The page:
"You have worked with the tools of art all your life. You have used paints, crayons, pencils, and clay. At home and at school you have made pictures and shapes. In this activity area, you can learn more about how artists work. You will learn how they mix colors, make designs, and make mobiles and sculptures. You may not have a talent for art. But even if you don't, you will have fun learning how artists do it".


The chapter’s content is quite different from previous decades’ Boy Scout handbooks and guides, where “art” or any related terms were minimally included or entirely excluded. A few of the suggested activities included oil painting, creating designs and patterns with found objects, and sculptures from chicken wire. In the same year, a camp promotional video for the boys' camp, Camp Timberlane in Woodruff, Wisconsin shows young campers participating in ceramics in the “Pot Shop”. The narrator of the video and director at the time stated, “When I started the pottery program, I really had no idea how popular it would become…it allows some of these kids to show their creativity which is what we’re trying to do”. 

During the 1970s-1990s Camping Magazine shifted away from "how-to-do" articles and towards engaging conversations about diverse topics including what we would in 2023 as BIPOC (black, Indigenous, and people of color) and LGBTQIA+ (gay, lesbian, bisexual, transgender, queer, intersex, and asexual people), “special populations”, health and safety, youth development, drug and alcohol use, sexual health and education, environmental education, and global/world education. Arts and crafts-related content and other program-specific articles were slowly phased out. A few examples of articles related to arts and crafts during this time included "Want a New Arts and Crafts Program? --Use Geometry" (June 1972), "A Pioneer Theme Enhances Arts and Crafts" (January 1974), "Making Art Together" (February 1987), and "Fostering Creativity in Camp" (November/December 1998).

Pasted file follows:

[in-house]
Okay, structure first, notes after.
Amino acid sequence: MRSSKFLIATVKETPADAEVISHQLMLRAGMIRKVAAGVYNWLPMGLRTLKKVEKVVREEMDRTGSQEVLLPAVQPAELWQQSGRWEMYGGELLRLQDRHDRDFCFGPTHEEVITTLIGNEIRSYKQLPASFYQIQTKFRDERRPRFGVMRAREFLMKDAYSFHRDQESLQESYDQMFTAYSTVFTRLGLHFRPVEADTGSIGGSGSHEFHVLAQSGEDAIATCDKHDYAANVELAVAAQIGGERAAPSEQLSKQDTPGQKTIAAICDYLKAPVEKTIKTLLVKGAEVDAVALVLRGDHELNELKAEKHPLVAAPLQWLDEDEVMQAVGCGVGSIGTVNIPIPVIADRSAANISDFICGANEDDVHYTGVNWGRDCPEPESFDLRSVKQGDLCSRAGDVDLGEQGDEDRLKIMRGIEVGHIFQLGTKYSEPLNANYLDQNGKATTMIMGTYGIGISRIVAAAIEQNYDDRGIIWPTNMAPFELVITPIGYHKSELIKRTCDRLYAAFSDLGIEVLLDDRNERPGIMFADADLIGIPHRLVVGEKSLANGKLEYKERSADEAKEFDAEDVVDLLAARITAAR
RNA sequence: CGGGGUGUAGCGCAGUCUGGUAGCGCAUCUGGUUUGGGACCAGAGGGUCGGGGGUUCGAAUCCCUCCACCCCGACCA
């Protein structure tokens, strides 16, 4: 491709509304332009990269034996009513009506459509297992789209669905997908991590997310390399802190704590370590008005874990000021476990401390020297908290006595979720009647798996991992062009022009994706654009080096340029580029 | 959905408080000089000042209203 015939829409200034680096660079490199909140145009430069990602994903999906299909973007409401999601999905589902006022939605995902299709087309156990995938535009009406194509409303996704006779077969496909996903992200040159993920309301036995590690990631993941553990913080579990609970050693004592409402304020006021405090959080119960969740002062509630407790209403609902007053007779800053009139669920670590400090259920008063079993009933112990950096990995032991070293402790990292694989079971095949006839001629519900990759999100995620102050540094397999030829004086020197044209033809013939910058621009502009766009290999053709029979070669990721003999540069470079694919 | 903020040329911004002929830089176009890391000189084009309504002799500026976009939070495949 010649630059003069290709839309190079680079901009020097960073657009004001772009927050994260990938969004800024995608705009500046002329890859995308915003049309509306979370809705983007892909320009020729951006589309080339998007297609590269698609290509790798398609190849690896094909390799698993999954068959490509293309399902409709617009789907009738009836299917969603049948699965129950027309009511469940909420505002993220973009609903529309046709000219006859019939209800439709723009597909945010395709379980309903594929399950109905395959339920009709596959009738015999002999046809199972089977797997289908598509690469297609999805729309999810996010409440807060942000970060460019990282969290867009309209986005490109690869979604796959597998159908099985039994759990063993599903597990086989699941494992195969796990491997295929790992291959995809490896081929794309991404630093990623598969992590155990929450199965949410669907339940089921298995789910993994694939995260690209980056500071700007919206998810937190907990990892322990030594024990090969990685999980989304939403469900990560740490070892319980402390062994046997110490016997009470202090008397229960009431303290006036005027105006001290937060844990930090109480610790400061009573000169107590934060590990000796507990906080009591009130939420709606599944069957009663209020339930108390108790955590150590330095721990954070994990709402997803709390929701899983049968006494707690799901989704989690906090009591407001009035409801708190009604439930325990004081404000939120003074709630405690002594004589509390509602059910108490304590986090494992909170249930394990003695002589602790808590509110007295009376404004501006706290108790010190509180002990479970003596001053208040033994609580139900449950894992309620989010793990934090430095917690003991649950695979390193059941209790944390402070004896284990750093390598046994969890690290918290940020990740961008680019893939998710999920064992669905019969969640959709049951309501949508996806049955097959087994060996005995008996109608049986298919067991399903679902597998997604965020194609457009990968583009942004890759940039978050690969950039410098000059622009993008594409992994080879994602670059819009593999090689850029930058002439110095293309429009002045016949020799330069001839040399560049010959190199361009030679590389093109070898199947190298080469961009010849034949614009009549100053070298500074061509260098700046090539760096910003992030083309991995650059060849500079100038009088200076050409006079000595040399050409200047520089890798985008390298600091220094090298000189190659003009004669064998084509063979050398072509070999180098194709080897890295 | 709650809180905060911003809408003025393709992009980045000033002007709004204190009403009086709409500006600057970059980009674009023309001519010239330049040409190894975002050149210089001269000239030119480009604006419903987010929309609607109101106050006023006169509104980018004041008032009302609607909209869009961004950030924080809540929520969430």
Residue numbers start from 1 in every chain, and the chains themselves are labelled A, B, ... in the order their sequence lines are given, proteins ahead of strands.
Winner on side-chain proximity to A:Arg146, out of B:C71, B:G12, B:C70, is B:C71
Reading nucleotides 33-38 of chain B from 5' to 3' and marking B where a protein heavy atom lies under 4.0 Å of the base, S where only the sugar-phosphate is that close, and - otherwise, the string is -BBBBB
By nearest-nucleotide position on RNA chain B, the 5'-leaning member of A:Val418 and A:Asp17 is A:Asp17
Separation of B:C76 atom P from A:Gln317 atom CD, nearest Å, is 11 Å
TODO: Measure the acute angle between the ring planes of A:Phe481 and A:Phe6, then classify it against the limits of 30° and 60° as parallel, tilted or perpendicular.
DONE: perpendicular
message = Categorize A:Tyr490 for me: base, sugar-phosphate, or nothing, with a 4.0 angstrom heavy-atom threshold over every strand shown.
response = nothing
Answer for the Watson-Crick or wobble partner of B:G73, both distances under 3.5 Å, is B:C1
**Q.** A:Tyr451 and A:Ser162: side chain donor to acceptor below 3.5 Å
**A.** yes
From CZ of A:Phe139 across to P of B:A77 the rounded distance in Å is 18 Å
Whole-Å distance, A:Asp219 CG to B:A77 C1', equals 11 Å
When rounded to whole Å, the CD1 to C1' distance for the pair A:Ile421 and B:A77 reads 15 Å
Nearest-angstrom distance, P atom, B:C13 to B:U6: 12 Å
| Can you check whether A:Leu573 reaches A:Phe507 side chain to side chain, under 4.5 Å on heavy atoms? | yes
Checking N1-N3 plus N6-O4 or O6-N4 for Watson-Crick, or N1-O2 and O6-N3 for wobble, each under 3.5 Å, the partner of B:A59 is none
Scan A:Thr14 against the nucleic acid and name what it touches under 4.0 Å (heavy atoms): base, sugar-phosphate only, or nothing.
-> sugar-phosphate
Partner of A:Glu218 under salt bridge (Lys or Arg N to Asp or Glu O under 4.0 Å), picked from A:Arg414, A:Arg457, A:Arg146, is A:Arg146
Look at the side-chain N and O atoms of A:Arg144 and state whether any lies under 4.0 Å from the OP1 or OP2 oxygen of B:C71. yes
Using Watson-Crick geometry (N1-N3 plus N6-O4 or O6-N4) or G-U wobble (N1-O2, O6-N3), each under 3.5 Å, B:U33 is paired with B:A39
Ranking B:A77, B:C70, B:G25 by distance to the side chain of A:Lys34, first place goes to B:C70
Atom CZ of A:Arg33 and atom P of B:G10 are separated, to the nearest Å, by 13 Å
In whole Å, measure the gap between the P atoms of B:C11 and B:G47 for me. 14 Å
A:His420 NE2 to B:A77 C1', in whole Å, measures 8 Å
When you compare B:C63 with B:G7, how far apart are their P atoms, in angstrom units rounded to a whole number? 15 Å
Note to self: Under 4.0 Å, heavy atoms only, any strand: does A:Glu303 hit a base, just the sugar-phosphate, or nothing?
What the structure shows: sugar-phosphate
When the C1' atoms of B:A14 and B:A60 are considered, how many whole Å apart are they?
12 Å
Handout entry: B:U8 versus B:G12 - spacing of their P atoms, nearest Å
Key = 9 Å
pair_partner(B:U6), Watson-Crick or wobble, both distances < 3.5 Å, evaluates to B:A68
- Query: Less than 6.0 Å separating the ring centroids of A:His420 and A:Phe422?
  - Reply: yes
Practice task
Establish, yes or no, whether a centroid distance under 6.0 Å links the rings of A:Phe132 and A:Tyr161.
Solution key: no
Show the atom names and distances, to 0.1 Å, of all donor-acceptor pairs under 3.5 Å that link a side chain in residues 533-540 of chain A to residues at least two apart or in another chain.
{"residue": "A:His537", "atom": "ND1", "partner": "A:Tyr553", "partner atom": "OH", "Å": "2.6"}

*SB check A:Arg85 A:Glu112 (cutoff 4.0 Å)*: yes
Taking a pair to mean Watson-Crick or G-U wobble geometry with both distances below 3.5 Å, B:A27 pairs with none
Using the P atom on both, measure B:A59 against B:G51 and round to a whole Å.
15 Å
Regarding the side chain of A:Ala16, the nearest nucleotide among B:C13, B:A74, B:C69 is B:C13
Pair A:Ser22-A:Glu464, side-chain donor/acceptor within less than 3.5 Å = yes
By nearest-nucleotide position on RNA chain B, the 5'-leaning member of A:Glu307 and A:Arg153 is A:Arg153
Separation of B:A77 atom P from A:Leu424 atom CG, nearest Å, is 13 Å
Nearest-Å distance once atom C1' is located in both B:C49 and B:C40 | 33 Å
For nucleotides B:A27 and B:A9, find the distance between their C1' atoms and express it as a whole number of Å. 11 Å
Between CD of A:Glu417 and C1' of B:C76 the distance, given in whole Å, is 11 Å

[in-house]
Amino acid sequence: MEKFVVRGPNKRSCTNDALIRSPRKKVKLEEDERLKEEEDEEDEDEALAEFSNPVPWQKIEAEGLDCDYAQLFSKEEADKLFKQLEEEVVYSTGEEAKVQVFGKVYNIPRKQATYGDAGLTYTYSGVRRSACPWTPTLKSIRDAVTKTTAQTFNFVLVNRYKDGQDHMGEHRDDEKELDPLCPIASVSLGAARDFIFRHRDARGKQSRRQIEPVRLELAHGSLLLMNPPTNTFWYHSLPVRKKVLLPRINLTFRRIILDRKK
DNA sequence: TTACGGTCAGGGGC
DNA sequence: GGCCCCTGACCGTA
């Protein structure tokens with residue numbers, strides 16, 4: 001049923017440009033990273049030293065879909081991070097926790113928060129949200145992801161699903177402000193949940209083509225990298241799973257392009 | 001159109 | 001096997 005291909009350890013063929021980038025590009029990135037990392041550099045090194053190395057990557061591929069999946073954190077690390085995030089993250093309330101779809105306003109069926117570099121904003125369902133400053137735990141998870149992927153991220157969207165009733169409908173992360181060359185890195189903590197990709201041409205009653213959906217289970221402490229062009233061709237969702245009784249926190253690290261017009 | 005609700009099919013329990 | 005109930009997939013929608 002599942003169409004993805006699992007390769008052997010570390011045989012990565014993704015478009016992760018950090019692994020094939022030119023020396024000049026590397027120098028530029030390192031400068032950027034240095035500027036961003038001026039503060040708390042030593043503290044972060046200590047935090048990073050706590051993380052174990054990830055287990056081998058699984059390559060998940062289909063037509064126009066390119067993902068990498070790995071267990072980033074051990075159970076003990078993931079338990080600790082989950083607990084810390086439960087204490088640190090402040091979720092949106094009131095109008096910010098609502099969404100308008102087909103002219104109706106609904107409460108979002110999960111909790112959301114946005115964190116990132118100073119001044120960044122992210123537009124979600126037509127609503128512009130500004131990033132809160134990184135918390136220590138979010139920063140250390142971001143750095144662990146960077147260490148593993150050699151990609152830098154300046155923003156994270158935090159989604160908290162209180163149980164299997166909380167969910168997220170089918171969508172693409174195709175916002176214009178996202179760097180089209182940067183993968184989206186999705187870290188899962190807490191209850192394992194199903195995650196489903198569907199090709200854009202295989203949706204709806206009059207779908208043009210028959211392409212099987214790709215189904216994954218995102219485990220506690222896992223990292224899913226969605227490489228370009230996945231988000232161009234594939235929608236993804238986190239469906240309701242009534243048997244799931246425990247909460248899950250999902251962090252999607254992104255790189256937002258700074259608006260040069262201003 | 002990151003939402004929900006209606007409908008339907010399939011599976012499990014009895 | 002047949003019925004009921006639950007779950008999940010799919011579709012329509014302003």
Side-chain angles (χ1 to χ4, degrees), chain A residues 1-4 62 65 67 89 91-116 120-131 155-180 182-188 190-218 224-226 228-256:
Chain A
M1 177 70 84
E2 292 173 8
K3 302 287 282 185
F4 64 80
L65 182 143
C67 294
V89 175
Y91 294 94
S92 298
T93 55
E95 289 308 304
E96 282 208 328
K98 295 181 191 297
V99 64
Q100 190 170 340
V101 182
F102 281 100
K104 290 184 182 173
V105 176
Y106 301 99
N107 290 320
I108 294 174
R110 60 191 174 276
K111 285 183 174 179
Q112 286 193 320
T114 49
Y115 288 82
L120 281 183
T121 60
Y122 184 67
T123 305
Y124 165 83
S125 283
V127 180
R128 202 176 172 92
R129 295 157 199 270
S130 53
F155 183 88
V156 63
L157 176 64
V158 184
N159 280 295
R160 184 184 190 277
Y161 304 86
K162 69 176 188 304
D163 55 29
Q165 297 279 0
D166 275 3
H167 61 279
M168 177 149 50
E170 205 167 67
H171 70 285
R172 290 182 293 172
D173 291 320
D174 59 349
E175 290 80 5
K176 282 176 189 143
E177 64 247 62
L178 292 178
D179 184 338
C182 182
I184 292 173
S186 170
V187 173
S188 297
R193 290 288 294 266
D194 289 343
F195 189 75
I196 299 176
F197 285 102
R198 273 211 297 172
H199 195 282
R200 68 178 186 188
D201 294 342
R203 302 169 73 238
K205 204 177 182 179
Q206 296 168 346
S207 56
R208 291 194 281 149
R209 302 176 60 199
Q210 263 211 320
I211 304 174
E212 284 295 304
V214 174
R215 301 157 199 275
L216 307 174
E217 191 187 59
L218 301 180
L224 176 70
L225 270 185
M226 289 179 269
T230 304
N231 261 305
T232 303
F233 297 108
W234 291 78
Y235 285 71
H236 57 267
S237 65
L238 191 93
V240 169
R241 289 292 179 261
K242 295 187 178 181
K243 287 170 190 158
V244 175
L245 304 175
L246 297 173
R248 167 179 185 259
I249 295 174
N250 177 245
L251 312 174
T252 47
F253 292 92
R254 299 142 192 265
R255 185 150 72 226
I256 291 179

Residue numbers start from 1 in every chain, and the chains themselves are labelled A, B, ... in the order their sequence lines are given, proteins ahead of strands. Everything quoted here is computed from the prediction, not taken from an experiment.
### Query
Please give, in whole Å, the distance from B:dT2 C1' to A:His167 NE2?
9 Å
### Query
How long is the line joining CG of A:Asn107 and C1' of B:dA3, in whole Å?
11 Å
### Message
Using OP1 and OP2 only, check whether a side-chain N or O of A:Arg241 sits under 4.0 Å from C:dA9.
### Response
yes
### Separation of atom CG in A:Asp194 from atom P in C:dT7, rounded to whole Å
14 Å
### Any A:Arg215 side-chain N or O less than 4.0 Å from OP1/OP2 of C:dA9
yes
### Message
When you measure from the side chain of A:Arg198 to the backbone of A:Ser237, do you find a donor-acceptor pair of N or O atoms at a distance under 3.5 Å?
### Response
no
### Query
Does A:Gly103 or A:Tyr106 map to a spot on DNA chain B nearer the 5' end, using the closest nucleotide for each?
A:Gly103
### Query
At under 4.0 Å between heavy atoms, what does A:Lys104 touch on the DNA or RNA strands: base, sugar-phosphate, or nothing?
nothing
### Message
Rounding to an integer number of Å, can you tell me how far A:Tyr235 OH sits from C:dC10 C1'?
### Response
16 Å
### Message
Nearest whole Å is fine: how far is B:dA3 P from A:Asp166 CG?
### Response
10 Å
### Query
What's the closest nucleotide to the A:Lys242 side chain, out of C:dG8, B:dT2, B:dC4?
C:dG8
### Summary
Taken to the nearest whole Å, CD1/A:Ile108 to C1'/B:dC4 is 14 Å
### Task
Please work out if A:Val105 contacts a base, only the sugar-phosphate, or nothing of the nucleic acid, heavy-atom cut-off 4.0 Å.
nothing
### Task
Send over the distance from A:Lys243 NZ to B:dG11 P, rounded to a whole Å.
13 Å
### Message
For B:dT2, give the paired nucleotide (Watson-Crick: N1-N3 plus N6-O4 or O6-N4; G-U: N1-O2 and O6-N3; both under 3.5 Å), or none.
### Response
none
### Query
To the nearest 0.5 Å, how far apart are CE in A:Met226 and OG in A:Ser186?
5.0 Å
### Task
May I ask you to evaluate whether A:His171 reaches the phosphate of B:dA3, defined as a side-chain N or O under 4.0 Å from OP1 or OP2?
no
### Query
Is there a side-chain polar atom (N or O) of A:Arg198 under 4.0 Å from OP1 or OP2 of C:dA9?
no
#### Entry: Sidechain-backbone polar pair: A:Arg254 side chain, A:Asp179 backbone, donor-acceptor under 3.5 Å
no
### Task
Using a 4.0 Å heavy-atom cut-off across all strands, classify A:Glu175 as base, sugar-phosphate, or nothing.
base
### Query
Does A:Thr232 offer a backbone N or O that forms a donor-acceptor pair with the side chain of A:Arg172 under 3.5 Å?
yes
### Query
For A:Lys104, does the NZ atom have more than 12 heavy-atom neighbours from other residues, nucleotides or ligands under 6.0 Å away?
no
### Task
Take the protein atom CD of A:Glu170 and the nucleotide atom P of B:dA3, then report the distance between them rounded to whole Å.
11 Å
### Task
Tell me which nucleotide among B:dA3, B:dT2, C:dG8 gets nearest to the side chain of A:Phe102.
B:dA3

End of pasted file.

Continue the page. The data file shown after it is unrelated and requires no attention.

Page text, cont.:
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Camp production at Camp Yavneh, 1986.

(Courtesy Tablet, 2013)


New Challenges and Developments for the ACA and Summer Camp

Despite the long history of summer camps, there was still no clear consensus as to what "good" or "real" camping should look like. Camp leaders often used a common language to describe their goals and purposes, but there was still an ongoing debate about how much the camp should be separate from the world beyond. 


Summer Camp on the Big Screen

It reasonable to assume the average person’s impressions of summer camps in the era of Megaplexes, VHS, and Blockbuster were shaped by monumental hits like Friday the 13th and Meatballs. For better or worse, films and TV shows depicting summer camps in the 1970s, 1980s and 1990s had major impact on the camping industry’s reputation and would continue to leave a lasting impression entering the new millennium. 

(Courtesy Original Film Art )

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(Courtesy IMDB)

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Trends in Art Education

Over the next three decades (1970-1999), a plethora of teaching and learning pedagogies and practices shaped the field of art education as we know it today. Teaching for Artistic Behaviors (TAB) and choice-based art education swept the nation during the 1980s, paralleling the introduction and implementation of Disciplined-based Art Education (DBAE) by The Getty Center for Education in 1980. Art education took a significant hit in 1994 through Title I of the Elementary and Secondary Act, requiring statewide mandated testing.

A Self Help Graphics & Art community art class, Los Angeles, CA, 1973.

(Courtesy Self Help Graphics & Art)


Popular Summer Camp Arts & Crafts 

In comparison to other decades in summer camp arts and crafts history, there is significantly less number of artifacts and ephemera archived online, making it difficult to get a complete understanding of the arts and crafts of this time. For example, the full magazine archives of Camping Magazine, on the Internet Archive stop at 1961, only containing each year’s index from that point on. The following information found about popular summer camp arts and crafts in the 1970s, 1980s, and 1990s comes from a range of materials including Boy/Girl Scout Handbooks, Camping Magazine, and camp commercials. 

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Camp Kern campers weaving rex-lace crafts, 1970s.

(Courtesy Camp Kern, Historical Photos)